What Is The Premier Golf League?

The Premier Golf League has made a resurgence after a letter to Rory McIlroy was leaked online, but what is it and how exactly does it work?

Premier Golf League's Andy Gardiner poses for a photo
(Image credit: Paul Severn)

Whilst Greg Norman and the Saudi-backed Super League continue to dominate headlines of late, the Premier Golf League has made a resurgence after a letter to Rory McIlroy was leaked online. The letter details a fascinating, and lucrative, financial business model which is purportedly being considered by key PGA Tour stakeholders. 

Whilst that is underway, it's important to understand what the Premier Golf League actually is. 

The Premier Golf League (PGL) is a byproduct of the London based company, World Golf Group. They are headed up by former corporate finance lawyer, Andrew Gardiner (pictured). The vision of Gardiner and the PGL is to revolutionise professional golf through a change in playing format and subsequently, increase fan enjoyment.

The proposed format of the PGL is dramatically different to what we currently see on the PGA Tour. The PGL are proposing individual and team golf that run parallel to one another with 18 events throughout the calendar year. It will consist of 12 four-man teams in 54-hole, no cut, stroke play tournaments. The PGL plan to reserve a 13th team which is picked solely by fans. 

In the individual format, which the PGL refer as 'The Players Championship' individuals will be playing for a weekly purse of $20m, plus seasonal bonuses and the glory of becoming the Players’ Champion. The individual winner each week will receive a cheque for $4m with at least $150k to last place. It is the PGL's aim to distribute more of the event purse to the players through a more condensed field size.

The League format consists of 12 teams of four with two scores to count, per team, per day. The PGL will award a $1m team bonus each week throughout the season and will hold a season finale and Play-Offs. Like any competitive league, teams will be seeded and promotion/relegation is to be expected. The inspiration, Gardiner said, was the Ryder Cup: "If you can bring any of the brilliance of the Ryder Cup into a more regular format, then it’s got to be a good thing. It’s easier for a fan to have allegiance to a team than it is to an individual."

In each of the first three seasons, the PGL will pay a whopping $392m in prize money which, whilst cumulatively less than the PGA Tour, proves to be an enormous amount of money given the number of events there are. Players will consistently play for elevated purses and without a cut; meaning guaranteed income. The PGA Tour recently introduced an overall purse increase from $367 million to $427 million for the 2022 season, with further riches expected in future.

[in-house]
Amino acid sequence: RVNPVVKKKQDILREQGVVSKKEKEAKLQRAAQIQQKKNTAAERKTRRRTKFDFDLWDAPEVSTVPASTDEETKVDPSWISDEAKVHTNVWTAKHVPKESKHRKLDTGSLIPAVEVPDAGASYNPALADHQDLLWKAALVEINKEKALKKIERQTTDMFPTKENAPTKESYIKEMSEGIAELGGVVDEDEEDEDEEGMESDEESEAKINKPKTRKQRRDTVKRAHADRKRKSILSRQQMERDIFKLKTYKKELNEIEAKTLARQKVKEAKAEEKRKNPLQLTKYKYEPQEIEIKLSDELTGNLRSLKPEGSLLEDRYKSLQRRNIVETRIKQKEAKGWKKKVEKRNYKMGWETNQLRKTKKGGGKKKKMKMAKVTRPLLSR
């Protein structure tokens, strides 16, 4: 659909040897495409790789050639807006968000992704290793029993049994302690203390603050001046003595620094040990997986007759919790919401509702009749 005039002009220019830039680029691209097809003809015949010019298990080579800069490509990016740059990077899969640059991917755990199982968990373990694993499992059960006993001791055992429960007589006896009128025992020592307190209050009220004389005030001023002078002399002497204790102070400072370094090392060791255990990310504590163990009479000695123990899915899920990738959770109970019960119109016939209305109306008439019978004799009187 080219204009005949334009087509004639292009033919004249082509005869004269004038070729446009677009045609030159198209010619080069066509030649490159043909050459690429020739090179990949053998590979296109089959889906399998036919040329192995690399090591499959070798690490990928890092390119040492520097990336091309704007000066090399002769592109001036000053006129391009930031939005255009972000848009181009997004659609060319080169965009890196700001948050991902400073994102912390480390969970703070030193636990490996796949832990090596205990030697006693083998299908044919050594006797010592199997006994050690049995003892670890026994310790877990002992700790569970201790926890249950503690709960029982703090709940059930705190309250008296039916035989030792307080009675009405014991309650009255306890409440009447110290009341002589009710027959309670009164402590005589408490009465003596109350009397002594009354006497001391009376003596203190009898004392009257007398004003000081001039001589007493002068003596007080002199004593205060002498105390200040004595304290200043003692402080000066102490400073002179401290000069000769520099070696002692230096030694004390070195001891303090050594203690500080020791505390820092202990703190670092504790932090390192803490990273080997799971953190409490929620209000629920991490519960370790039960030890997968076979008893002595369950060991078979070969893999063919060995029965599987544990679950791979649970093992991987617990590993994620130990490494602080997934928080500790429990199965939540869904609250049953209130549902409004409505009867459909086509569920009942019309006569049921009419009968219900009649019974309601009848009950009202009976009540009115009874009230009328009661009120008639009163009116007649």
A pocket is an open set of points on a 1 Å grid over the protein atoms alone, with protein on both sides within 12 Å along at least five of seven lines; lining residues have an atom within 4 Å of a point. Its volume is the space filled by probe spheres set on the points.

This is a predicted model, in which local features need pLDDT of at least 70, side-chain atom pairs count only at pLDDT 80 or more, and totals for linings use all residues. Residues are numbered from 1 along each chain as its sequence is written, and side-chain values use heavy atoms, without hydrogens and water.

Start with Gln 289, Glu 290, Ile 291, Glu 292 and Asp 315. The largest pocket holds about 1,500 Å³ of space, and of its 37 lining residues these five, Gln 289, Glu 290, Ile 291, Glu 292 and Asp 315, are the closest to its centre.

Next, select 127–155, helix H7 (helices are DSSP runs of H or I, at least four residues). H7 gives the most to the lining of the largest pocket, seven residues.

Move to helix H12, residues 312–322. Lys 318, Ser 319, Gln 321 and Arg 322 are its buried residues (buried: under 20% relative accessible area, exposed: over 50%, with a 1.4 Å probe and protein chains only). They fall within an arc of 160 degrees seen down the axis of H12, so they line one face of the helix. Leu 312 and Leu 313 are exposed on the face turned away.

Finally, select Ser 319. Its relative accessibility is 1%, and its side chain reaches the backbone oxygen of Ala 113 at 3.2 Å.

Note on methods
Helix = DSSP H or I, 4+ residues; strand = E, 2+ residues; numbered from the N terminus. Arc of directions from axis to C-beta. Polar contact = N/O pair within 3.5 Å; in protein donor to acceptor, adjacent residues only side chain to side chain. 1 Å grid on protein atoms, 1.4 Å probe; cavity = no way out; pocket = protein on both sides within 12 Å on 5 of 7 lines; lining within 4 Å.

The PGL are committed to not disrupting the most prestigious events in the calendar, such as the Majors and the Ryder Cup and will accommodate its season around them so they may operate as usual. It also hopes to run in conjunction with the PGA Tour, so players may take part in the PGL and PGA Tour events as they wish. 

Speaking on the No Laying Up Podcast earlier this year, Gardiner said: “The original notion was always to work with the PGA Tour, believe it or not. Some might still call that incredibly naive, but it remains our strong desire.” 

The PGL will take place predominantly in America, namely the east and west coasts, but will hold "mini-swings" in Asian and Europe. It is hoping to kickstart in January 2023. 

With the rumoured Saudi-backed Super League causing controversy as to the origin of the funds, the wealth of the PGL is said to be funded through private equity and high net worth individuals in the United States and not Saudi Arabia or other sovereign wealth funds.

It remains to be seen as to what happens with the PGL but... Watch this space!

James joined Golf Monthly having previously written for other digital outlets. He is obsessed with all areas of the game – from tournament golf, to history, equipment, technique and travel. He is also an avid collector of memorabilia; with items from the likes of Bobby Jones, Tiger Woods, Francis Ouimet, Arnold Palmer, Lee Trevino, Adam Scott and Ernie Els. As well as writing for Golf Monthly, James’ golfing highlight is fist bumping Phil Mickelson on his way to winning the Open Championship at Muirfield in 2013. James grew up on the east coast of England and is the third generation of his golfing family. He now resides in Leeds and is a member of Cobble Hall Golf Club with a handicap index of 1.7. His favourite films are The Legend of Bagger Vance and Tin Cup.